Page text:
Cutting Leeds City Council’s public health budget by a sizeable £3million months after spending was allocated sets an incredibly dangerous precedent.
Somewhat unsurprisingly councillors at the health scrutiny board meeting I sat in on this week shared similar concerns, but this is not simply a case of political rhetoric on yet more cuts.
There are both immediate financial and health consequences of the reduction in funding, which could hamper existing agreements with partners over public health schemes and go against the Government’s commitment to prevention.
The NHS Five Year Forward View strategy, which was lauded by Whitehall, set preventing ill health through the likes of public health initiatives as a way of saving the NHS billions long term.
The fact that Chancellor George Osborne announced the move as a “non-NHS” cut should not go unnoticed either. It will hit local authorities to the tune of £200m nationally.
He failed to recognise that, had this decision been made as recently as two years ago, it would have been an NHS cut. Until April 2013 public health budgets were managed solely by NHS commissioners.
Public health funding, which covers things like health visitors, school nurses, drug and alcohol services and children’s centres, was issued directly to local councils as a way of making it more efficient.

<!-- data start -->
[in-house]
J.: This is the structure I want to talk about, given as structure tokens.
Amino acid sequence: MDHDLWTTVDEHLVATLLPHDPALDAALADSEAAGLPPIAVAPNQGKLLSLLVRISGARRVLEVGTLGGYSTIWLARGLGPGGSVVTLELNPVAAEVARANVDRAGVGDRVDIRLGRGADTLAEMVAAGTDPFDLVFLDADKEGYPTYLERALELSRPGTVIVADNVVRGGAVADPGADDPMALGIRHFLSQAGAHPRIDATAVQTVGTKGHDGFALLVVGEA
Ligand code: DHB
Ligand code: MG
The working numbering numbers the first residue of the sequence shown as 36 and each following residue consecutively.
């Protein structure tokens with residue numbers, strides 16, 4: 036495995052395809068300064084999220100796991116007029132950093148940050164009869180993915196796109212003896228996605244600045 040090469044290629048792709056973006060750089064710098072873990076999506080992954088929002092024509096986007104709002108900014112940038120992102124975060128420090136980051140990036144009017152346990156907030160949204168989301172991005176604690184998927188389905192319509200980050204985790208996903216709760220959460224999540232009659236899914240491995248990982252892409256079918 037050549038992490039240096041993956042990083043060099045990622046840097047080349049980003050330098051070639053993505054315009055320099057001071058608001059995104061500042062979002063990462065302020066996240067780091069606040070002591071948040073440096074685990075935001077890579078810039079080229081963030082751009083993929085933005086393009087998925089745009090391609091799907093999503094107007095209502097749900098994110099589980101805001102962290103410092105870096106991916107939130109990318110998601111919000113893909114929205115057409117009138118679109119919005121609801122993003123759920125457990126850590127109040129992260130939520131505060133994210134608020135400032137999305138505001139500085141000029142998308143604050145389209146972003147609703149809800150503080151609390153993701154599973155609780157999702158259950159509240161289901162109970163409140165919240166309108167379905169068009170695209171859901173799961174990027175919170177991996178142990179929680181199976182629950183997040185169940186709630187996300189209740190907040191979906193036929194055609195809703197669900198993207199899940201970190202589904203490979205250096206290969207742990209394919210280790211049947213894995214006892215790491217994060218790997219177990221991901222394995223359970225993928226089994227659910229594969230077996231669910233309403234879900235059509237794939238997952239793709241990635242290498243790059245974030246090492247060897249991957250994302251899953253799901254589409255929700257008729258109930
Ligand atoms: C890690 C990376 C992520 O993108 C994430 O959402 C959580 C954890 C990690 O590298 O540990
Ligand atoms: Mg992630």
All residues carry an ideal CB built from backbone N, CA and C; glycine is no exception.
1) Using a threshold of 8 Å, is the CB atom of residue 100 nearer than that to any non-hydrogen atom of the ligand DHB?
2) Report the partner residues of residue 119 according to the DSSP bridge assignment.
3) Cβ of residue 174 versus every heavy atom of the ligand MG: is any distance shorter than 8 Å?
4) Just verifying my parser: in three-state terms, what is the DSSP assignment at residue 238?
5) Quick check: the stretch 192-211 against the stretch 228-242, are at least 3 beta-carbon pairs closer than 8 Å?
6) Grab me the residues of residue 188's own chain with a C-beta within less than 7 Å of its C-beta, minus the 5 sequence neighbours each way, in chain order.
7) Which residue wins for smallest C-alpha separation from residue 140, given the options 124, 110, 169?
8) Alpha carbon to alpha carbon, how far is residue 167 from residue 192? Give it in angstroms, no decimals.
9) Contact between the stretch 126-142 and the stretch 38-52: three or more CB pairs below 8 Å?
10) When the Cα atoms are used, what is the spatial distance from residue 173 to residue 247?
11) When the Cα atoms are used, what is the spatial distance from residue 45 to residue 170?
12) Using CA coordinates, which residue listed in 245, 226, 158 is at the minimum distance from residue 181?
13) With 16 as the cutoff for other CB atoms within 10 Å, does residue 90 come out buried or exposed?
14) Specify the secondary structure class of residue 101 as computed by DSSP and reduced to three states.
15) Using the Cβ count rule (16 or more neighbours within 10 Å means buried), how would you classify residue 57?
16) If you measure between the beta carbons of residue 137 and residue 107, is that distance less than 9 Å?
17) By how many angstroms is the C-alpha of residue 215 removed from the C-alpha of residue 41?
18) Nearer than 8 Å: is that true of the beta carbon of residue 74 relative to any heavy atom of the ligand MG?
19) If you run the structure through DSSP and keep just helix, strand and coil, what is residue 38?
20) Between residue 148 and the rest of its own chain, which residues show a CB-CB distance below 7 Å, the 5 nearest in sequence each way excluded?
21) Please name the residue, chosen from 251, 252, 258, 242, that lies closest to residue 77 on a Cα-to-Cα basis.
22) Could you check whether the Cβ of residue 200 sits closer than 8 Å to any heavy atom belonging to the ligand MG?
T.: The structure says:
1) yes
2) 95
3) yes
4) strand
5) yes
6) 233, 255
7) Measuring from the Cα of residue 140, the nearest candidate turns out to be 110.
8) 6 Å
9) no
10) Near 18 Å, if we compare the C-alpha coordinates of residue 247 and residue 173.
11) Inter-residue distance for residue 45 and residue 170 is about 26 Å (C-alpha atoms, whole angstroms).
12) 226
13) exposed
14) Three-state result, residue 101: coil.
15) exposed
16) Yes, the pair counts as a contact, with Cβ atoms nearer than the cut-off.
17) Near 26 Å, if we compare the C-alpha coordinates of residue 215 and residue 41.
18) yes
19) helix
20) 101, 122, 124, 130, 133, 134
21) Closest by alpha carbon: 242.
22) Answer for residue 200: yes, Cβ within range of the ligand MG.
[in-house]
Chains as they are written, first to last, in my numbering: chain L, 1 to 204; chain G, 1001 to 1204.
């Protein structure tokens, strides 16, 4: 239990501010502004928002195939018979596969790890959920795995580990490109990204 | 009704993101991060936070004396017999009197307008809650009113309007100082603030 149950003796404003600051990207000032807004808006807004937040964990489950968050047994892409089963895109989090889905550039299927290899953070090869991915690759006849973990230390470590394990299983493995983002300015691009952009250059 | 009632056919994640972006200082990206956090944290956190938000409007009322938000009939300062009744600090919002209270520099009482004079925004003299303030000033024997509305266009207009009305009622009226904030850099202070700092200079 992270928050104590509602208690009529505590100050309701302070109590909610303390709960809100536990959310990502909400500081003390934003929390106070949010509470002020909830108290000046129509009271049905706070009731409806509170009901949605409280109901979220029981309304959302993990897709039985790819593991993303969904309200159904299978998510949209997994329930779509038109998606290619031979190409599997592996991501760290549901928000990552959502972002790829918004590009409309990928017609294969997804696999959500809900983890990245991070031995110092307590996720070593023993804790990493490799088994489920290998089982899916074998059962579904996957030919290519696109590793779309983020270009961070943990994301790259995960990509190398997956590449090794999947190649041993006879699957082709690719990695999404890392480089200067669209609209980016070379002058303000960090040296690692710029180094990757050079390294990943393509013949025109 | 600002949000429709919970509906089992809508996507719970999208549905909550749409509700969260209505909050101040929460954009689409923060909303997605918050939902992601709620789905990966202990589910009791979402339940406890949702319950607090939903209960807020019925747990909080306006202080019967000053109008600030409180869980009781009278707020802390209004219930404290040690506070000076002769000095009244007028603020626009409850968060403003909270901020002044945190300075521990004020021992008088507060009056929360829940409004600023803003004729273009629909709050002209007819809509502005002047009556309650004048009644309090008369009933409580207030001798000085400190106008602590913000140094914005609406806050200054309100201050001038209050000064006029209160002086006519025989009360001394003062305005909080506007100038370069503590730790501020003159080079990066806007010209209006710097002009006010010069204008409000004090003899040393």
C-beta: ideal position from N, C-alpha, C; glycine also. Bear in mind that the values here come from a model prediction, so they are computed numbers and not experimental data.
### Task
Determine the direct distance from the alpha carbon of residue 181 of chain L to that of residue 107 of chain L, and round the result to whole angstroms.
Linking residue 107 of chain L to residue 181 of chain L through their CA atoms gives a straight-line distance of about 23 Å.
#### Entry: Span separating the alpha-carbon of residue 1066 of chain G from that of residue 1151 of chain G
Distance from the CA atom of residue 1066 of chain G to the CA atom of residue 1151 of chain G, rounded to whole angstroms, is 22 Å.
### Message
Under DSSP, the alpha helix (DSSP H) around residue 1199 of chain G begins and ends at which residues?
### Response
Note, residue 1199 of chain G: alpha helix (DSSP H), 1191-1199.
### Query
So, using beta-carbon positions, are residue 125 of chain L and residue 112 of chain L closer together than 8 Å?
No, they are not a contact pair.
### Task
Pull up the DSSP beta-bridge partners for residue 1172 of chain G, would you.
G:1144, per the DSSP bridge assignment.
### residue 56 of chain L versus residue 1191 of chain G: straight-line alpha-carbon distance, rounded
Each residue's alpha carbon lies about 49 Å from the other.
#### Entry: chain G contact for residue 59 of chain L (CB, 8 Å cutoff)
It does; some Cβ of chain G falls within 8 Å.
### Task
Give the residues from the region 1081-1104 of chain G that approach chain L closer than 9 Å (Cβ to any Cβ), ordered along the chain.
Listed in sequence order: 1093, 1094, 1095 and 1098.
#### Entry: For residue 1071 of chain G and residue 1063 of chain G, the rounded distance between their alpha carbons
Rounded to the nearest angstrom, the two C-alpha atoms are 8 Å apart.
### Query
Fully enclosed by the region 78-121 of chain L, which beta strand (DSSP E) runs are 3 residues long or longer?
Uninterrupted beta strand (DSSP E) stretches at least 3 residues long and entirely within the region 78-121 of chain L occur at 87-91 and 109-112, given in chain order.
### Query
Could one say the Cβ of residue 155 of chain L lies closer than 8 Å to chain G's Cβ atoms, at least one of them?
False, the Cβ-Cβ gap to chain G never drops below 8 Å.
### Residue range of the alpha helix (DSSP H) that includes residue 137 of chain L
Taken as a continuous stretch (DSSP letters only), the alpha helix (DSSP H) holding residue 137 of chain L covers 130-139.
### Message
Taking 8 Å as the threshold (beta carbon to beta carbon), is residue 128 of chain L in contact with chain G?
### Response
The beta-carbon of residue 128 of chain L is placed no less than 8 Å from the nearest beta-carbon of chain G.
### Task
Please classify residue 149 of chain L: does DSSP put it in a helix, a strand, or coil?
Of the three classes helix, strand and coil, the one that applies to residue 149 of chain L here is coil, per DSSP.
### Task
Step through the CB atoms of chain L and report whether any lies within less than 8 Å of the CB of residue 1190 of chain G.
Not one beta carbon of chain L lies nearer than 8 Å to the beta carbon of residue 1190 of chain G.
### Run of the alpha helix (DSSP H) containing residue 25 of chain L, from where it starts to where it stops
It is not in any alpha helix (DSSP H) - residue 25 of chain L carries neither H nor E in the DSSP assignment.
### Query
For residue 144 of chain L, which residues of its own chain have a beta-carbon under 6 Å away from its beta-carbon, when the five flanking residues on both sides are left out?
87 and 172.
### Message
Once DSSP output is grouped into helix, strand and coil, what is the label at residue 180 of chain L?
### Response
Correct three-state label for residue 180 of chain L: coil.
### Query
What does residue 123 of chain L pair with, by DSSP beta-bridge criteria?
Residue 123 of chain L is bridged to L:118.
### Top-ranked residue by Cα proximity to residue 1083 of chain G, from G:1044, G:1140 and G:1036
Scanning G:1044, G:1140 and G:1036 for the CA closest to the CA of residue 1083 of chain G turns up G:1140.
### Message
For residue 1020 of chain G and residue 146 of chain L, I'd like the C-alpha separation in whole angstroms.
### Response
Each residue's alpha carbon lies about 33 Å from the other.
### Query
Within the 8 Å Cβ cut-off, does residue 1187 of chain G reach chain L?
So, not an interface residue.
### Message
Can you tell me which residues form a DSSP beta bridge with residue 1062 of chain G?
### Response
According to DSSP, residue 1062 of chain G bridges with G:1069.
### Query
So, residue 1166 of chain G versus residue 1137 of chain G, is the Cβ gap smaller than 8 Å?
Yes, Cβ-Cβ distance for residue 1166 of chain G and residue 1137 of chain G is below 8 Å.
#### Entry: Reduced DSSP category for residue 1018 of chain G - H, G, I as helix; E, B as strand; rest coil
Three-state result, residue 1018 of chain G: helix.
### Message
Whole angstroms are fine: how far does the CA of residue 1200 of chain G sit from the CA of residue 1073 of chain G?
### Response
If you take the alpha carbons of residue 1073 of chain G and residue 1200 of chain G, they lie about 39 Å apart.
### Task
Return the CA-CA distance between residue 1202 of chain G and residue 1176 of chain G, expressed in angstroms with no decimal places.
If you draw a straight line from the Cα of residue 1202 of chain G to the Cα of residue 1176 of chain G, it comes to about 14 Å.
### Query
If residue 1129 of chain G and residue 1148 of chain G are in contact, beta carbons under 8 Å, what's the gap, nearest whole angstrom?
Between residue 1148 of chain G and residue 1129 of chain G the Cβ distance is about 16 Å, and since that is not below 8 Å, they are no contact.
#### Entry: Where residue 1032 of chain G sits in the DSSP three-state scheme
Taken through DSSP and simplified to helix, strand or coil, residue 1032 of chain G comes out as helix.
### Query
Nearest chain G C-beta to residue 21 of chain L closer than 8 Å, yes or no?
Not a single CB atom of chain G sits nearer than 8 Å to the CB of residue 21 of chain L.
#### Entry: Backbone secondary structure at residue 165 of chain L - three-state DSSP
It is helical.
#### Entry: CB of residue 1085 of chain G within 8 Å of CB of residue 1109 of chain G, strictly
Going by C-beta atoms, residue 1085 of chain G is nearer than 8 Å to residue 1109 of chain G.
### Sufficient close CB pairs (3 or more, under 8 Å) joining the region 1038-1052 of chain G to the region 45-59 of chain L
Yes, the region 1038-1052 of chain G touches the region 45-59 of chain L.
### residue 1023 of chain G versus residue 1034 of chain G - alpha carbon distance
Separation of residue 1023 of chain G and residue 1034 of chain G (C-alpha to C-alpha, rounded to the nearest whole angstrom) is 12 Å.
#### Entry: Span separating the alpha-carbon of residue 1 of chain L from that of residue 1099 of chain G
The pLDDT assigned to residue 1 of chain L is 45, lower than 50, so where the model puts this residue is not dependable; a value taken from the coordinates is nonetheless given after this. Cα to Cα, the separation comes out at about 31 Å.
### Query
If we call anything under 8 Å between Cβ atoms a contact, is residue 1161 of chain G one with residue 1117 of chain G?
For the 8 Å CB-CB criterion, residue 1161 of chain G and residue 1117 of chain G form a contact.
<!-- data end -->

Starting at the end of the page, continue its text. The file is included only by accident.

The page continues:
Arguably a precursor to further devolved powers, handing over public health budgets was hailed at the time but if Osborne continues to give with one hand and take with the other local authorities will be even more powerless than before.
HOW FUNDING CUT PLAYED OUT
Chancellor George Osborne announced the Goverment planned to make a £200million “non-NHS” saving last month.
The cut to public health budgets nationally will hit local authorities, who took on such spending from the NHS in 2013.
The saving represents around 7.4 per cent of the national public health pot, which stood at £2.7billion every year.
Leeds City Council had been told it had £40.5m to spend on public health in 2015/16 but is now expected to save £3m from that.
The likes of Macmillan Cancer Support and the Royal College of Midwives opposed the move.